Lord Nash: Fifth of sixth form colleges have begun official negotiations for acadamy status

A fifth of sixth form colleges have started formal negotiations to convert to academy status, the academies minister has revealed.

Lord Nash made the announcement in front of more than 100 delegates at the sixth form college association’s conference in London today.

FE Week previously reported that around 70 per cent of SFCs had registered an interest in becoming an academy, following recommendations in their area review of post-16 education.

But Lord Nash’s comments today mean that around 18 of the country’s 93 sixth form colleges are now in official negotiations with the Department for Education to academise.

A Sixth Form Colleges Association spokesperson explained that a register of interest can be just a phone call or an email saying they are interested. But a formal proposal is when a provider takes the next step of filling out an official document provided by the DfE.

The peer told the conference: “As academies minister I am really pleased with the way in which sixth form college’s have responded to the opportunity of converting to an academy.

“Over half of you have expressed an interest in converting and a fifth have already started formal process to make the change.

“This will, I’m sure, bring great benefits to you, the schools you work with and the education system as a whole.” 

SFCs were first told about the opportunity to convert during the spending review in November 2015.

Former chancellor George Osborne said at the time that becoming an academy would allow a college to avoid paying VAT – which is on average £317,000 for each college. 

SFCs have the option to convert either as a standalone academy, or as a multi-academy trust – either by joining an existing MAT or setting up a new one.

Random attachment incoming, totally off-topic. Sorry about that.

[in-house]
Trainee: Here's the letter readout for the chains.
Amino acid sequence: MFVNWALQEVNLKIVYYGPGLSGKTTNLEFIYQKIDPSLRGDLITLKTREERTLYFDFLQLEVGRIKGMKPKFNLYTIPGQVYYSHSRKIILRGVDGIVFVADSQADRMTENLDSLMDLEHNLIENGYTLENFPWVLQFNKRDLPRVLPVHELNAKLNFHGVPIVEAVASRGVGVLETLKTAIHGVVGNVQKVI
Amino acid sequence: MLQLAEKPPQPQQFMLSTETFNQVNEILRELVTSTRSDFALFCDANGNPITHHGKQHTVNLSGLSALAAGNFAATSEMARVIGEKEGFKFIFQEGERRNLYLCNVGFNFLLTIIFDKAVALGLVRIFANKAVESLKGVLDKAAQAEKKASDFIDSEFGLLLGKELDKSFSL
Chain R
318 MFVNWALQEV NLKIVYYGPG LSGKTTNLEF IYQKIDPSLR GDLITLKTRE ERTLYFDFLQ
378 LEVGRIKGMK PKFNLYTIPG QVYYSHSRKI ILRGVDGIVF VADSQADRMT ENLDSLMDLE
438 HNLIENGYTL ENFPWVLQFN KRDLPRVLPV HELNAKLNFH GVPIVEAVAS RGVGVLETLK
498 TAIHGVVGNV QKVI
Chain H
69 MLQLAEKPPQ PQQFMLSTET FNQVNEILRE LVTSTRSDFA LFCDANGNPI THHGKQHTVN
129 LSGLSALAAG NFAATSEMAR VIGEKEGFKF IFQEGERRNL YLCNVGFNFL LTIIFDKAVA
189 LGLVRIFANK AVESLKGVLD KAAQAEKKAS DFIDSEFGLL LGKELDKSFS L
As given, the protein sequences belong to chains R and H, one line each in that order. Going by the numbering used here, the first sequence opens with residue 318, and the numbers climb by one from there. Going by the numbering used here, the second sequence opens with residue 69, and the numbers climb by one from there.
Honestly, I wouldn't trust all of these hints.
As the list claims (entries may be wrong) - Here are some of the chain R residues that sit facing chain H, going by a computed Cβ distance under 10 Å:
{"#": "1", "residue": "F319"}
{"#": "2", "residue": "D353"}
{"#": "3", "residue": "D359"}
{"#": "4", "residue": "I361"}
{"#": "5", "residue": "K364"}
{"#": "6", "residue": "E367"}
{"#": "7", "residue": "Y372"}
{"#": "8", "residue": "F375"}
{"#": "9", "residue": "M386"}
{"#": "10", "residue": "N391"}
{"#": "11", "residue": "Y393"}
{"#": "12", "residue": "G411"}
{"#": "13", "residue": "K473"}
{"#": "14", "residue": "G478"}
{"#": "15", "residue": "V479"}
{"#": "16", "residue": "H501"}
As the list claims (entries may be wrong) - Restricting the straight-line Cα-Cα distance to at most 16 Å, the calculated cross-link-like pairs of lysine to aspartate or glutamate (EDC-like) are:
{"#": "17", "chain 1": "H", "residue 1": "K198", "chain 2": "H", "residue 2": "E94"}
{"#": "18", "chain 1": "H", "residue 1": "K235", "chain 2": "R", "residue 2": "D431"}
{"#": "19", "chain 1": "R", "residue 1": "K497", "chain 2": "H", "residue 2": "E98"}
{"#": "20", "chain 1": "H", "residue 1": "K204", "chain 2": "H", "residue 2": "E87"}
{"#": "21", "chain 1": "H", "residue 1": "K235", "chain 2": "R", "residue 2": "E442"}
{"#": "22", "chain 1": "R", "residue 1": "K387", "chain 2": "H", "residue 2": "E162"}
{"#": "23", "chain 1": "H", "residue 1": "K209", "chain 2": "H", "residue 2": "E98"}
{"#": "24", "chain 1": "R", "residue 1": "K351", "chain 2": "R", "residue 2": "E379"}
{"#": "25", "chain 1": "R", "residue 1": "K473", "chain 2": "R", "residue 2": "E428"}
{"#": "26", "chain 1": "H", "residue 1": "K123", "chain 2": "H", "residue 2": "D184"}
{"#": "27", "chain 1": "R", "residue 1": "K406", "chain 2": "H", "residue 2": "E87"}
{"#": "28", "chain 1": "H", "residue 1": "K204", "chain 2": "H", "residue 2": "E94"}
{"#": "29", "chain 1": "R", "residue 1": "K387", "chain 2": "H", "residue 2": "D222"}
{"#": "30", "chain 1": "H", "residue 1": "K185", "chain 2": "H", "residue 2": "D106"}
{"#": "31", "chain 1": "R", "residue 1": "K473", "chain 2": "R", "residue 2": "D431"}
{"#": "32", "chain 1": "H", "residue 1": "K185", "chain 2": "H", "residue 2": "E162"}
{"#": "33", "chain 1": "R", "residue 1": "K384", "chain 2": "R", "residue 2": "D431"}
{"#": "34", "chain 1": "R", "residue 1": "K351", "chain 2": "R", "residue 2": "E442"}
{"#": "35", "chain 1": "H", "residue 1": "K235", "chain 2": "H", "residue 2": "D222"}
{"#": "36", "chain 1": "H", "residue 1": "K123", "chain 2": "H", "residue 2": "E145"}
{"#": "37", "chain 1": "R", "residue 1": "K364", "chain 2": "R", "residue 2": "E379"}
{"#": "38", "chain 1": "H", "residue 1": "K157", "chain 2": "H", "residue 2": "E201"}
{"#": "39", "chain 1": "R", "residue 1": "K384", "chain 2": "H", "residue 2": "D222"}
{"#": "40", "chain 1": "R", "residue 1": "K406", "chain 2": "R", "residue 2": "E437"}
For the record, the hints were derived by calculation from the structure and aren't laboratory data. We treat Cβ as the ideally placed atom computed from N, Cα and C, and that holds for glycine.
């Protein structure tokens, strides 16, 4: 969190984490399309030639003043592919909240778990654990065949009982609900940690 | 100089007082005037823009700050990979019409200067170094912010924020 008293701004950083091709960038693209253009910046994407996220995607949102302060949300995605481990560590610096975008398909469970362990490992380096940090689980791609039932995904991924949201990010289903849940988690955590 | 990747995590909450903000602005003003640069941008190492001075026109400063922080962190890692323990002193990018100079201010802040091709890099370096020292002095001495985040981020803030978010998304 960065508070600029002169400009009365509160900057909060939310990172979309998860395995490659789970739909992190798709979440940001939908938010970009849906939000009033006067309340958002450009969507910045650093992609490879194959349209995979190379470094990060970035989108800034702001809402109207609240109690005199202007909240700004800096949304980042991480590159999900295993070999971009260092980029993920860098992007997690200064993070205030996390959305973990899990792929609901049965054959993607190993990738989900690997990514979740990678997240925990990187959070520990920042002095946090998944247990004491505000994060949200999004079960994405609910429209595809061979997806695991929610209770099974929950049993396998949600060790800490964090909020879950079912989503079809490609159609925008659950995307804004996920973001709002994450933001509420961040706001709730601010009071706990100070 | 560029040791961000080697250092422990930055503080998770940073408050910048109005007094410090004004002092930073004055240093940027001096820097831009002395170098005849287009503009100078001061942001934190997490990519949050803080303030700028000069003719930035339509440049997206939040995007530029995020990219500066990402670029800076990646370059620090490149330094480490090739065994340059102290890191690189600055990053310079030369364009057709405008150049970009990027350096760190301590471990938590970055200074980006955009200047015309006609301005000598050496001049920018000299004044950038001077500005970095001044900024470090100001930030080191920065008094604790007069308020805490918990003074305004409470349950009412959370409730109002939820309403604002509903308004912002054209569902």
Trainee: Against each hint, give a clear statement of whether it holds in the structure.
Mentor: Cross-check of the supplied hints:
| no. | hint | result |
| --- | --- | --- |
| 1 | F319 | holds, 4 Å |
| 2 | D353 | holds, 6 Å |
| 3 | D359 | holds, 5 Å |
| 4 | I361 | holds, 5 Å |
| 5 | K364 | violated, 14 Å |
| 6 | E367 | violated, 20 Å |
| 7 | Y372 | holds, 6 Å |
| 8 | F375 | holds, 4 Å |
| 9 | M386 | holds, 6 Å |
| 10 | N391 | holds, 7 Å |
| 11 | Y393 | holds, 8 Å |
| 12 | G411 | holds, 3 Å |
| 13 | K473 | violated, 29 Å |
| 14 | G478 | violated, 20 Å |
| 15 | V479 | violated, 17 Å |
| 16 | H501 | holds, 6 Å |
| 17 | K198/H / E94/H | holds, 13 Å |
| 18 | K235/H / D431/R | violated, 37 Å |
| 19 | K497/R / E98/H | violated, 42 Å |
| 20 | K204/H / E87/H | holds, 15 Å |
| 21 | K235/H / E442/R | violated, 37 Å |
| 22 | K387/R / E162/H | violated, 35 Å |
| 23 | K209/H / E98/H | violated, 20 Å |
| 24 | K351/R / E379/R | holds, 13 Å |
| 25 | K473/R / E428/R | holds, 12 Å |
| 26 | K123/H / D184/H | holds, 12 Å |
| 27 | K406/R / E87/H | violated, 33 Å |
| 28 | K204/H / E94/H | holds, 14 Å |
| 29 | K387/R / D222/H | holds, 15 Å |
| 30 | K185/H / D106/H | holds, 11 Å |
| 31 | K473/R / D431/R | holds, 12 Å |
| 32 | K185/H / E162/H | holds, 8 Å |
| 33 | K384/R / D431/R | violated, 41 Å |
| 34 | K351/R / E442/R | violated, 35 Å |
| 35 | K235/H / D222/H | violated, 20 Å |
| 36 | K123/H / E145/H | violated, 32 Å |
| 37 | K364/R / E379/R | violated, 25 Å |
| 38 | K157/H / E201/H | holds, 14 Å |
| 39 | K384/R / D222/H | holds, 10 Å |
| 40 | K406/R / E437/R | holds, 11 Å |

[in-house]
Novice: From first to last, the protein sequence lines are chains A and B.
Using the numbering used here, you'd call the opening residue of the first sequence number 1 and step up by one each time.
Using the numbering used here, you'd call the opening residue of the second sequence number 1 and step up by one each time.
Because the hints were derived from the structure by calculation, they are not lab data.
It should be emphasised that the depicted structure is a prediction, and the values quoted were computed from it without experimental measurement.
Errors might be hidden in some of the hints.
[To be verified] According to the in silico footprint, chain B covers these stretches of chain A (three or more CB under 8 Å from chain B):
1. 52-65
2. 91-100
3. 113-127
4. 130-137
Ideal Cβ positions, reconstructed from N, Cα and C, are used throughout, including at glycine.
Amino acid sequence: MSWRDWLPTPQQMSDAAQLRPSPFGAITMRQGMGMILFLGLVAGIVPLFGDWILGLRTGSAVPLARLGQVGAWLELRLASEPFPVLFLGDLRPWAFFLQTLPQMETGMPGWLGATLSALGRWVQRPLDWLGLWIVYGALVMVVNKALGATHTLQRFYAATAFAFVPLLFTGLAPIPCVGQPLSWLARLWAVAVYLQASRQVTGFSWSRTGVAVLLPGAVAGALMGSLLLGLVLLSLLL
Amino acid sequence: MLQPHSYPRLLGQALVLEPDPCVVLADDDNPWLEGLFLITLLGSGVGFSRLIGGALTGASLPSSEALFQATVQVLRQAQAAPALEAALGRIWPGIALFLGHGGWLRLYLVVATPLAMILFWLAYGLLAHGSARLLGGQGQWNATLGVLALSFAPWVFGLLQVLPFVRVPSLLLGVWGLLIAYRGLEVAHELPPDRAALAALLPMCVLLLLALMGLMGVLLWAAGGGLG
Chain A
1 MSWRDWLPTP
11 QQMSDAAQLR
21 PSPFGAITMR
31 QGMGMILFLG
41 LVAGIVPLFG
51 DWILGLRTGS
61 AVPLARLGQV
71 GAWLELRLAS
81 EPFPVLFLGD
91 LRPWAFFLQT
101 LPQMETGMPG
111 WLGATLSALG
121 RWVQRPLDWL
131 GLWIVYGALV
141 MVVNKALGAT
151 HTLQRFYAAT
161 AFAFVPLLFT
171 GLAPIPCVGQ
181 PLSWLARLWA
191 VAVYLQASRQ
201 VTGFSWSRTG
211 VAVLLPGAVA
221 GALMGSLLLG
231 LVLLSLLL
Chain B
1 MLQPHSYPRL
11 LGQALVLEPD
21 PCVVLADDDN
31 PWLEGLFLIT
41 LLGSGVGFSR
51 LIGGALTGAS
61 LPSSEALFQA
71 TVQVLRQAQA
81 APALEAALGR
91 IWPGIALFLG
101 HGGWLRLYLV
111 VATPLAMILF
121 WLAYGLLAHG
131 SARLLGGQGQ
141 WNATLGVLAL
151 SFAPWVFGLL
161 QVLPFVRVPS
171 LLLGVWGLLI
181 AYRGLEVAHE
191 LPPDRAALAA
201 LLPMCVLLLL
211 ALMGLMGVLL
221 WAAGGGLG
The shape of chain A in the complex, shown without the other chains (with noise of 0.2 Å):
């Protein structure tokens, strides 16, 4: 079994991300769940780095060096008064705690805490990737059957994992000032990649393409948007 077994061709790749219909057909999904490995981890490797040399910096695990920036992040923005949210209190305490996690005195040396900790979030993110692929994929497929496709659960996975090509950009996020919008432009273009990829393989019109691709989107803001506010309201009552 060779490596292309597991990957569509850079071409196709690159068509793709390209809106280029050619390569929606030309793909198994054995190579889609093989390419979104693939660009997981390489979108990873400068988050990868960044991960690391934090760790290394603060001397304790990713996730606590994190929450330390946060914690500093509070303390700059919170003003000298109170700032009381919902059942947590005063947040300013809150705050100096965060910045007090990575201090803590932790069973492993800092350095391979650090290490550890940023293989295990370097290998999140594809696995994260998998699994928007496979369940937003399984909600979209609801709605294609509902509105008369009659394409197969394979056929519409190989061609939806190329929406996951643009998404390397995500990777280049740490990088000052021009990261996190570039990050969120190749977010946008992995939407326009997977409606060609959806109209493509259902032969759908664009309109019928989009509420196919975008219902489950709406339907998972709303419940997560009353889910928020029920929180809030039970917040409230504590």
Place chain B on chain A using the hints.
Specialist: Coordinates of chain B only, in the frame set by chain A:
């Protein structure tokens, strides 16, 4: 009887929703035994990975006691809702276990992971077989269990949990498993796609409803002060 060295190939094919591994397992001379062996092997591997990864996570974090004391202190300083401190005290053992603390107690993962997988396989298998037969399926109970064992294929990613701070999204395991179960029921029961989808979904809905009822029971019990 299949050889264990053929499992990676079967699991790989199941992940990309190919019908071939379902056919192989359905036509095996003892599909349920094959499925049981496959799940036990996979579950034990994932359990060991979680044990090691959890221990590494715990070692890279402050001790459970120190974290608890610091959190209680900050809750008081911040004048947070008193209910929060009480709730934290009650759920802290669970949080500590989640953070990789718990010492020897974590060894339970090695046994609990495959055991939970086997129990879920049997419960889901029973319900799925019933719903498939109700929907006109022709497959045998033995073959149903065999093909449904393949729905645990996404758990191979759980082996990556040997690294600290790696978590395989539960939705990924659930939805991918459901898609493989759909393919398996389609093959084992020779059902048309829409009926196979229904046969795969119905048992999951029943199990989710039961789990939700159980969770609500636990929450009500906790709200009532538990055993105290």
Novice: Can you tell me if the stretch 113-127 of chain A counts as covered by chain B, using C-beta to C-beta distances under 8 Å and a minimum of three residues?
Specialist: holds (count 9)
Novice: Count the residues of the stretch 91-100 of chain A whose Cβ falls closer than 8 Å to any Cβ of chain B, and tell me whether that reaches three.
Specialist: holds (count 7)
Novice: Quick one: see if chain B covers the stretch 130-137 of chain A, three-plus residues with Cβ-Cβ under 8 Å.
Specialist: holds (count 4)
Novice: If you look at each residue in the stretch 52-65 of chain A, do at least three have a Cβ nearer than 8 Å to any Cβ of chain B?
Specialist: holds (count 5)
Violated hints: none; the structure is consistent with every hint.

Sir Dan Moynihan, chief executive of the Harris Federation which runs 41 schools, also spoke at today’s conference and urged all SFCs to convert. 

He said that while staying as a college would give leaders the “autonomy used by independent schools”, academy conversion would give them the opportunity to make a “system impact” and reduce costs during a time of declining budgets.

“Clearly there is the advantage of avoiding VAT, but there is much more than that,” Moynihan said. 

“You lead powerful and high quality organisations and in some ways you are a model for what the government ultimately wants the whole education system to look like.

“My contention is academisation will allow you to continue what you do now, but in a way that could further strengthen your colleges by broadening your reach, strengthening your finances and capacity and allowing you to have a system impact. 

“Whichever model you choose logically you would wish to provide central services from within your group and you will be able to charge a budget top slice to do this, and if done well it is an opportunity by which you can drive economies of scale and reduce your own costs.” 

He added that the latest funding agreements with the DfE allows the budgets of members in a trust to be “pulled and reallocated” based on different criteria, which creates the “flexibility to allocate funds based on needs”. 

Speaking to FE Week after his speech Moynihan said that while he could understand some leaders of SFCs may prefer to keep their autonomy and not convert, it is “probably a good move for the country for the majority to do it”.

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